The United Nations (UN) has accused the US military of war crimes in their offensives against towns and cities in western Iraq.
Jean Ziegler, UN special rapporteur on the right to food, said, “A drama is taking place in total silence in Iraq, where the coalition’s occupying forces are using hunger and deprivation of water as a weapon of war against the civilian population.”
Ziegler says the US have breached the 1949 Geneva Convention by blockading supplies to cities such as Fallujah and Tel Afar to force residents to flee.
The allegations come as the US military has unleashed a new reign of terror on western Iraq. Bridges across the Euphrates river have been destroyed and a string of towns and villages from Al-Qaim on the Syrian border to Haditha near Baghdad have been attacked.
The offensive, codenamed operations Iron Fist and River Gate, began on 1 October as Iraqis prepared to vote in the referendum on the constitution.
Thousands have fled the offensive. Hundreds are feared dead.
Iraqi journalist Sabah Ali was one of the few independent reporters in the western Anbar province. She spoke to medical teams and refugees who fled the assault.
According to Sabah, as the number of refugees overwhelmed villages and public buildings people had to find refuge in factories. She discovered 400 families hiding in a phosphate factory and 350 families sheltering in a cement factory. Thousands of others are living in the desert along the Euphrates valley.
Doctor Hamdi Al-Aloosy, the director of Al-Qaim’s main hospital, told Sabah that the majority of Al-Qaim’s population of 150,000 fled the city leaving behind the disabled, the old and the sick. He said that many of the casualties he treated were women and children.
“Thousands of children and families are living in the wilderness in very bad conditions,” Dr Hamdi said. “A child of two months got seven scorpion stings. Another two families of 14 members each got poisoned because of [contaminated] food.
“The health security in the camps is zero. And the health security in the bombed and attacked areas is one hundred percent at risk. It makes me cry to think of those families.”
“Child mortality increased three times due to ordinary illnesses because we do not have any vaccines, and no electricity to keep them cool,” he added.
Doctor Hamdi said that Al-Qaim’s hospital was repeatedly targeted by US troops. “We repair the hospital every two months, the glass, the water, the electricity, and it is bombed again.”
Doctor Walid Jawad, the director of a small hospital in Aanah, 210 miles west of Baghdad, warned that the streams of wounded were overwhelming the hospital’s resources. He says, “We are receiving 500-600 patients a day—we do not have this capacity.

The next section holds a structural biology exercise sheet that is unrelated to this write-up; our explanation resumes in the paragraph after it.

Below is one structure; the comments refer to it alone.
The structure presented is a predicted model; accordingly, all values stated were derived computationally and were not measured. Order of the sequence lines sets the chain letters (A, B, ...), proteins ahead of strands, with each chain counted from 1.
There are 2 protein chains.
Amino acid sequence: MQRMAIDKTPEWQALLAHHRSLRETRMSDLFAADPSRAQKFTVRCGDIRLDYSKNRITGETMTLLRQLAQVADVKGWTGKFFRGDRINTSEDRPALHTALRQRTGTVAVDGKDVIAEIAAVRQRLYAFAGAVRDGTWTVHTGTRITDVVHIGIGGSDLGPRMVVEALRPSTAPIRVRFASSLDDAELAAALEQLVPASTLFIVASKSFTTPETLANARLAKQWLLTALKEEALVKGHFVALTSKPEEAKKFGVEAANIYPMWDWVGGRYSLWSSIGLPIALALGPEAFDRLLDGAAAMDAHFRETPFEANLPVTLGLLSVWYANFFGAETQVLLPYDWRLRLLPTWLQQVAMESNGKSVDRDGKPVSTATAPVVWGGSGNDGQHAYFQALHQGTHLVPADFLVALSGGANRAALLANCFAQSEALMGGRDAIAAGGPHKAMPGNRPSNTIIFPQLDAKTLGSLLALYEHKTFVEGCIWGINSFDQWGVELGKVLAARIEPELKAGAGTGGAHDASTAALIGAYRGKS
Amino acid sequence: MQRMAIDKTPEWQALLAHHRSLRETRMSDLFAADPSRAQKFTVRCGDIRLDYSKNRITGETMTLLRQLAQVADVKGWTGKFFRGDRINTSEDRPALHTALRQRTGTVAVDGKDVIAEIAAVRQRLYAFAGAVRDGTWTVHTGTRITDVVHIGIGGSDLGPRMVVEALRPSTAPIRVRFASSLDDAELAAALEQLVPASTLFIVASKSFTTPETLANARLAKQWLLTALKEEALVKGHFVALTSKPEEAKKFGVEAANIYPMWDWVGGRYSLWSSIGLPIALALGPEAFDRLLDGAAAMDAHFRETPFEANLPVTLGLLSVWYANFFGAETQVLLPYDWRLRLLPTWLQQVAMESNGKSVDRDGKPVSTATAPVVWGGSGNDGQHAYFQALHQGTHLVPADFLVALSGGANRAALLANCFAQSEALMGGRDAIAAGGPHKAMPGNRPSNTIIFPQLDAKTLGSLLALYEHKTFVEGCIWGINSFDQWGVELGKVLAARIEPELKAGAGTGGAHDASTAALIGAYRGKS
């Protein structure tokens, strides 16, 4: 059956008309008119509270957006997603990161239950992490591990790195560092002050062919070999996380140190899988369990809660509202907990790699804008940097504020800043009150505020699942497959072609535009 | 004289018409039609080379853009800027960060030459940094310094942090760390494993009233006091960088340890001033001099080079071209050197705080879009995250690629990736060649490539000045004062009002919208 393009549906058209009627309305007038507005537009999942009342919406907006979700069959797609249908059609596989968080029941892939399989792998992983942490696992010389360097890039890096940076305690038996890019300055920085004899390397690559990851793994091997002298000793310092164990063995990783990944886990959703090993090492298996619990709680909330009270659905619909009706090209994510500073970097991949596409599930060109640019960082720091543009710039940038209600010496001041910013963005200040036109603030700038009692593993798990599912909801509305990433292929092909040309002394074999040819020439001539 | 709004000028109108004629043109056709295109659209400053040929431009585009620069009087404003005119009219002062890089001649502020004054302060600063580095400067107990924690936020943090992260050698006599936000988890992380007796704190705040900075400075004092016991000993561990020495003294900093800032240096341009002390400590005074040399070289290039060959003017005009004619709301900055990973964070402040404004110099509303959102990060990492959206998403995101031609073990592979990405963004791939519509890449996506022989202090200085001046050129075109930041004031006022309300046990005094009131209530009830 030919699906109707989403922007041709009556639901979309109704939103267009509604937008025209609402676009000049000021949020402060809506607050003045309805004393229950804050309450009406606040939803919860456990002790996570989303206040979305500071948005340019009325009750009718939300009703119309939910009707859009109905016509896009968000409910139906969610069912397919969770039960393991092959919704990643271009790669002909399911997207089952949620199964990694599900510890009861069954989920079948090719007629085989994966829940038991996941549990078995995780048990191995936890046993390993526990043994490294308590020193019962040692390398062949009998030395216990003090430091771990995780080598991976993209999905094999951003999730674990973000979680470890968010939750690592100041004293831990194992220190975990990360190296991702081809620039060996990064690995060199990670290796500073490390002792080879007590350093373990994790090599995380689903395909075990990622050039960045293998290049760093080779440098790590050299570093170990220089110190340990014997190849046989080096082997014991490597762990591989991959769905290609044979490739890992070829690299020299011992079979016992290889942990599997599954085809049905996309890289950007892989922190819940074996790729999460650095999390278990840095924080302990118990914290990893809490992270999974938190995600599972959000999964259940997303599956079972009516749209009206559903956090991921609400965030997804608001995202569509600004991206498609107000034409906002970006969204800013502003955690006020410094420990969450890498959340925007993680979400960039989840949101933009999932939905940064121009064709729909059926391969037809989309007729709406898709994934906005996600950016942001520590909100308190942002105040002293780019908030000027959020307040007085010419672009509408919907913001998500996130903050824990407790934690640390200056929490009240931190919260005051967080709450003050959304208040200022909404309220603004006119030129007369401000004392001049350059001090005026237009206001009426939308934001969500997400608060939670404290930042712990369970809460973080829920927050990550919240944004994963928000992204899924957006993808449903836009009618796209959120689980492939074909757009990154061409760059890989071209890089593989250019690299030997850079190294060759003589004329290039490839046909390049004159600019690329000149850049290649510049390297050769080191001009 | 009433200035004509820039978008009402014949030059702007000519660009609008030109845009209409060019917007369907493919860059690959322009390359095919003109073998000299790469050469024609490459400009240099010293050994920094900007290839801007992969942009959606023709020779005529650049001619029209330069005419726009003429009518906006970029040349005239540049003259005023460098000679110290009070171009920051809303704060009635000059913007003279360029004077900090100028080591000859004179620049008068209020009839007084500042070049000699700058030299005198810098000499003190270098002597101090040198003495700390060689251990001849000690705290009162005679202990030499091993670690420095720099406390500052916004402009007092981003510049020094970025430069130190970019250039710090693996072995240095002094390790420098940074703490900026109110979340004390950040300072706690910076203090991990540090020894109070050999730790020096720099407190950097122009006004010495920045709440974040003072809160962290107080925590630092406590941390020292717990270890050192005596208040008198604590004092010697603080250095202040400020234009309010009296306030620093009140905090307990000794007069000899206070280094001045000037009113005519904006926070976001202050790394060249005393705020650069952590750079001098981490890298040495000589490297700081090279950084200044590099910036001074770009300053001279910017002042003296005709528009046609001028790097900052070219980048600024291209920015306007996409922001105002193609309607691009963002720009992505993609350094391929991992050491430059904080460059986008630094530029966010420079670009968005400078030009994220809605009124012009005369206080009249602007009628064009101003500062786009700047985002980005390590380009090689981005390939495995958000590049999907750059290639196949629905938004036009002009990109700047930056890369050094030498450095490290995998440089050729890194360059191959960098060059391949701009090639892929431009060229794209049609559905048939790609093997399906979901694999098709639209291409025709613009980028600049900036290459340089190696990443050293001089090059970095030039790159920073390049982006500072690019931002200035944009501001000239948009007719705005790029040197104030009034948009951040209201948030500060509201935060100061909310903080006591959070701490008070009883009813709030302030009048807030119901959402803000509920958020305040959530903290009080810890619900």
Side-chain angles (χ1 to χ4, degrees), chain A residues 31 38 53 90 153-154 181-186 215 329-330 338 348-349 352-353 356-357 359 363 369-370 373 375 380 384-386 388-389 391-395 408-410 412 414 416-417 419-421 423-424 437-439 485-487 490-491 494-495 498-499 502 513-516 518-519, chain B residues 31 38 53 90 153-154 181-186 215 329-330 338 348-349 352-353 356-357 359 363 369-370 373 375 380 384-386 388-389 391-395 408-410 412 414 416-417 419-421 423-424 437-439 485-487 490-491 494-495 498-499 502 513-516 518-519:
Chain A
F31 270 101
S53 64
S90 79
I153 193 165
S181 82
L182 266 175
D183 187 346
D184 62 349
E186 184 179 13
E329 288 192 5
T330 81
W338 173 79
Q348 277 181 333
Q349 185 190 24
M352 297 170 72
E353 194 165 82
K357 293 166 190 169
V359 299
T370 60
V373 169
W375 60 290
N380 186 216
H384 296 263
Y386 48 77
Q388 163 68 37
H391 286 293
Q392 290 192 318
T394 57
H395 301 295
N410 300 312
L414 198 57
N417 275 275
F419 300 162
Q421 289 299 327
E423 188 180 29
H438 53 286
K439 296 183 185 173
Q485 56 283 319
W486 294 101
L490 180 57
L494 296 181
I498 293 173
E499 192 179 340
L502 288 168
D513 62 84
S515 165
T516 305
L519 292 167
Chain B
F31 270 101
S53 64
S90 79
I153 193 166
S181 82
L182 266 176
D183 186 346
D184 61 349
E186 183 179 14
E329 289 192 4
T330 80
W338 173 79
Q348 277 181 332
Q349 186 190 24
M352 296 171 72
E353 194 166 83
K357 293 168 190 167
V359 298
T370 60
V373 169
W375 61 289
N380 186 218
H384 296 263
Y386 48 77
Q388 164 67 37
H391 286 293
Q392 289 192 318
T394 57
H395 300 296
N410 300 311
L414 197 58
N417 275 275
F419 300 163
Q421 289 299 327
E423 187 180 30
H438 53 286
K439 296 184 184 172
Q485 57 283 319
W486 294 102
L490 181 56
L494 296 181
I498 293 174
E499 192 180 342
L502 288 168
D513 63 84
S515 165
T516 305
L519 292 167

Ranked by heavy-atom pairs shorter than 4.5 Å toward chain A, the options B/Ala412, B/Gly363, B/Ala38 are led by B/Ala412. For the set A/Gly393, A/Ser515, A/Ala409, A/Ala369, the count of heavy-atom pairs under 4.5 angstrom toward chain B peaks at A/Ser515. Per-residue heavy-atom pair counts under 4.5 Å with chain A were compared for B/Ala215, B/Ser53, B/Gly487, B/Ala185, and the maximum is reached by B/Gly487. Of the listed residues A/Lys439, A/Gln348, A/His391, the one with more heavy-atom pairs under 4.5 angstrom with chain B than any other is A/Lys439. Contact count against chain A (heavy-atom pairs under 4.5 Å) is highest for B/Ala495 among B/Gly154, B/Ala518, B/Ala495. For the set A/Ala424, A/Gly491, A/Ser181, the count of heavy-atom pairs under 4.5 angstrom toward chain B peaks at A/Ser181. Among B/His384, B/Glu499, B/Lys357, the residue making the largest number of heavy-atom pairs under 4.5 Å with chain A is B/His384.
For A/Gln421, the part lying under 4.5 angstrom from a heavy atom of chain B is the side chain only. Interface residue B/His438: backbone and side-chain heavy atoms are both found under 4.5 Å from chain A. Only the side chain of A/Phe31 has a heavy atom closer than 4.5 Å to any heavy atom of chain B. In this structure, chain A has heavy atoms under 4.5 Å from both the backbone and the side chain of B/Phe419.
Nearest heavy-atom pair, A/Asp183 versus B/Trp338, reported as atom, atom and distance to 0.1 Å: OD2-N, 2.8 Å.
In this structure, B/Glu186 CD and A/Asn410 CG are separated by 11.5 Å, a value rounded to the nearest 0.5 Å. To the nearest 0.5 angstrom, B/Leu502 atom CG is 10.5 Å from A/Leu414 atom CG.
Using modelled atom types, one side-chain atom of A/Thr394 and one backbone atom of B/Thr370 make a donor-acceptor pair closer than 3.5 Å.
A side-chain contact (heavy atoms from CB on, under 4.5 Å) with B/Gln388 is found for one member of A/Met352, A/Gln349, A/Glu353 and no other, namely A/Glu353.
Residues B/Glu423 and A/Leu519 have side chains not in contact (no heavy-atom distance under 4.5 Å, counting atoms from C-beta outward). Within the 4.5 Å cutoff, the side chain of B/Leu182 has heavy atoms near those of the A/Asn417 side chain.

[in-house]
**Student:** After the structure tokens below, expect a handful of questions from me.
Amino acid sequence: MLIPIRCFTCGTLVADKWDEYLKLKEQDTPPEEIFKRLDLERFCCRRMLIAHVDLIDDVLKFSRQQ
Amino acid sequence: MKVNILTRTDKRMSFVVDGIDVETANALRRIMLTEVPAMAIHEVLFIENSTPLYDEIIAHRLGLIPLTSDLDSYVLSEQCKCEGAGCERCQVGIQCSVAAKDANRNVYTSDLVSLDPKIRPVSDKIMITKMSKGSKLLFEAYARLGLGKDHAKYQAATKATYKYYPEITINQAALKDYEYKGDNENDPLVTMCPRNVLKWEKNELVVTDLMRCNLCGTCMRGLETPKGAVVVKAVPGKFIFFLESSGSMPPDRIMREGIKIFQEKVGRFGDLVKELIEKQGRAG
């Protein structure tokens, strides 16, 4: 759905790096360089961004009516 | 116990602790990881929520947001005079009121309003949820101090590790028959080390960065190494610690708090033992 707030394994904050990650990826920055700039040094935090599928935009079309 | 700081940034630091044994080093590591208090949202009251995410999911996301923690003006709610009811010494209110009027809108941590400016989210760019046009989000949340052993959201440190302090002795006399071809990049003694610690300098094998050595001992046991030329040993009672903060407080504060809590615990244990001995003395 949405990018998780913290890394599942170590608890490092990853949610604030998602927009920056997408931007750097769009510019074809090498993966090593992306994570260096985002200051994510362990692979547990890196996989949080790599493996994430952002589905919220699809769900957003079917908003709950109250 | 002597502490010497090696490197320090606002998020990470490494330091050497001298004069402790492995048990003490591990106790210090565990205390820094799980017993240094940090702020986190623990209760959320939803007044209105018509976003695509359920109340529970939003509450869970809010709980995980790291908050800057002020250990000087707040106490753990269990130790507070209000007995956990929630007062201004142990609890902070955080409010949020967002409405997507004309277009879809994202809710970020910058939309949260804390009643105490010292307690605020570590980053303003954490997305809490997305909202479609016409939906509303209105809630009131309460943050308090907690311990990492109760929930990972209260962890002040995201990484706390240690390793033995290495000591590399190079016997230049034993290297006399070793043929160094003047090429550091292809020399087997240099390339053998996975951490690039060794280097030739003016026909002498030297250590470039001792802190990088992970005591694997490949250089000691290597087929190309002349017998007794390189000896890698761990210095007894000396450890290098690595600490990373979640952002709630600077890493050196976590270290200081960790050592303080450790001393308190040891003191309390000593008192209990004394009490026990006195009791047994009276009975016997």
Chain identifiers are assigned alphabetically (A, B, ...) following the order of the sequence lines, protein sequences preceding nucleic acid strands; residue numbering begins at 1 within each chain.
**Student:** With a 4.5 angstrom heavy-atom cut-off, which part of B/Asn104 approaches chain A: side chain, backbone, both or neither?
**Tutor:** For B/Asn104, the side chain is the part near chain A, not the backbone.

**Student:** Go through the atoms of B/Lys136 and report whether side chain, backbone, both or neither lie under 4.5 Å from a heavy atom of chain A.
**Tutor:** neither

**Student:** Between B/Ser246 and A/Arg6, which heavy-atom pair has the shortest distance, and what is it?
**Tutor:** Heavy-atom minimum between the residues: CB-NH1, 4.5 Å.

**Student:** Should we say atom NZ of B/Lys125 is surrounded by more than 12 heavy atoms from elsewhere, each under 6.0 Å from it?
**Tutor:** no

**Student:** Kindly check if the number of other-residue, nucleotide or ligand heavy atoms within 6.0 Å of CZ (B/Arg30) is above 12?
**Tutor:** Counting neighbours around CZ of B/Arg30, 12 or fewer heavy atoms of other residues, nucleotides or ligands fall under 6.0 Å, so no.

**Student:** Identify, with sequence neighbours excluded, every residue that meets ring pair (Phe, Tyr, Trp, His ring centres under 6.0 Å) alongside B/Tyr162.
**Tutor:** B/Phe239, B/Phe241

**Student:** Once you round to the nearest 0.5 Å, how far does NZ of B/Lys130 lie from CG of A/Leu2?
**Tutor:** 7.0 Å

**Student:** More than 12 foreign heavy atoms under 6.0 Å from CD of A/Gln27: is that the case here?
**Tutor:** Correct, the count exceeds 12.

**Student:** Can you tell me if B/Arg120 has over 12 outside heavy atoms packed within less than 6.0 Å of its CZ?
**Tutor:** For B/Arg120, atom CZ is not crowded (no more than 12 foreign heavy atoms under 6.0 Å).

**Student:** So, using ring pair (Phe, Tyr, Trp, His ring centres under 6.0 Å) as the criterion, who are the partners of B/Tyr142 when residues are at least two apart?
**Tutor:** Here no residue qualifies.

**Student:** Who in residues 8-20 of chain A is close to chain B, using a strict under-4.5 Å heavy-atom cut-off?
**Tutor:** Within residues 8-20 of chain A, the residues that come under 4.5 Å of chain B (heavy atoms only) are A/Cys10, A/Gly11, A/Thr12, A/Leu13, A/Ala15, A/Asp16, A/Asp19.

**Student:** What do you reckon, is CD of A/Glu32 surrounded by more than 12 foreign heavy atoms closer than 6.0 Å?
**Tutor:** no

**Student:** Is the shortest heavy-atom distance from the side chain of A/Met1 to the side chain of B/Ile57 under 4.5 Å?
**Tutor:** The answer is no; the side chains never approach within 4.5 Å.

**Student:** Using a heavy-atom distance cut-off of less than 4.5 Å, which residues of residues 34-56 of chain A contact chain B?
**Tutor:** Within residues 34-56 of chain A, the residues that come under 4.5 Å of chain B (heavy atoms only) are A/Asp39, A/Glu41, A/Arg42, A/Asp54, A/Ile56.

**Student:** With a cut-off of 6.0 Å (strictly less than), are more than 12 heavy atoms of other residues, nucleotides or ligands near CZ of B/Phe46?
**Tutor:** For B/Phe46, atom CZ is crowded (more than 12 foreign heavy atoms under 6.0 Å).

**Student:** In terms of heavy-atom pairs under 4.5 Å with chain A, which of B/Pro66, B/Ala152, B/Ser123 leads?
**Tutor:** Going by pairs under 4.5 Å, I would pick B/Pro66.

“We do not have a surgeon, an anaesthetics specialist, emergency medicines and supplies, children’s medicines, lab materials.”
Over 1,000 US troops stormed Al-Qaim at the beginning of this month to root out what the US military claim were “Saddamists, rejectionists, and criminals”. The military reported they killed 29 fighters in an operation that has levelled the border town.
Refugees told Sabah that there was no warning before the assault.
Afaf, a teacher and a mother of four, said that when the bombing began, “We had to leave as quickly as possible. It was a very sad day.
“People were running out of the city, holding white flags, terrified, some in cars, some on foot. Some got trucks and helped the old and the families.”
But many were left behind. Sabah reports that one man had to remain behind with his wife who was blinded in an earlier attack. She was wounded in the stomach in the latest assault and he was attempting to care for her in Al-Qaim’s damaged hospital.
Raja Yasin, a widow, fled in terror with her 10 children. “If we had not run away we would have been killed in the bombing,” she said. “We have nothing now. We need blankets and food.”
Mrs Khamis, a secondary school teacher and a mother of eight, described how she had to flee in her bare feet. “I left the lunch on the stove when the attack began. There was heavy bombing and mortar shelling, we had to run through the side streets with white flags.”
After the fighting died down her brother tried three times to reach her home to get clothes and other essentials but was turned back by soldiers.
After overunning Al-Qaim the US military destroyed most of the bridges along the Euphrates River valley. Over 2,500 troops backed by warplanes then swept through the towns of Haqlaniyah, Barwana and Haditha, 70 miles west of Baghdad.
The Iraq Red Crescent Society said the US’s first target was the main hospital in Haditha.
Haki Hadethi, a senior doctor at the hospital, told the international relief agency that “[US troops] entered our hospital without the minimum of respect to our patients and arrested many of them. Even two doctors were arrested as they were carrying out a small surgical operation.”
The Red Crescent reported that US troops then drove through the city conducting house-to-house searches.
Shaker Hakeem, 39, a local resident said US soldiers “broke into my house and started to shout at me and my wife. She was having a bath, but they just took her naked and pushed her into the kitchen, saying that if she moved she was going to die.”
Both Al-Qaim and Haditha have been repeatedly attacked by US troops since the occupation began. In April 2004 countless civilians were killed when US troops attempted to put down an uprising in the city.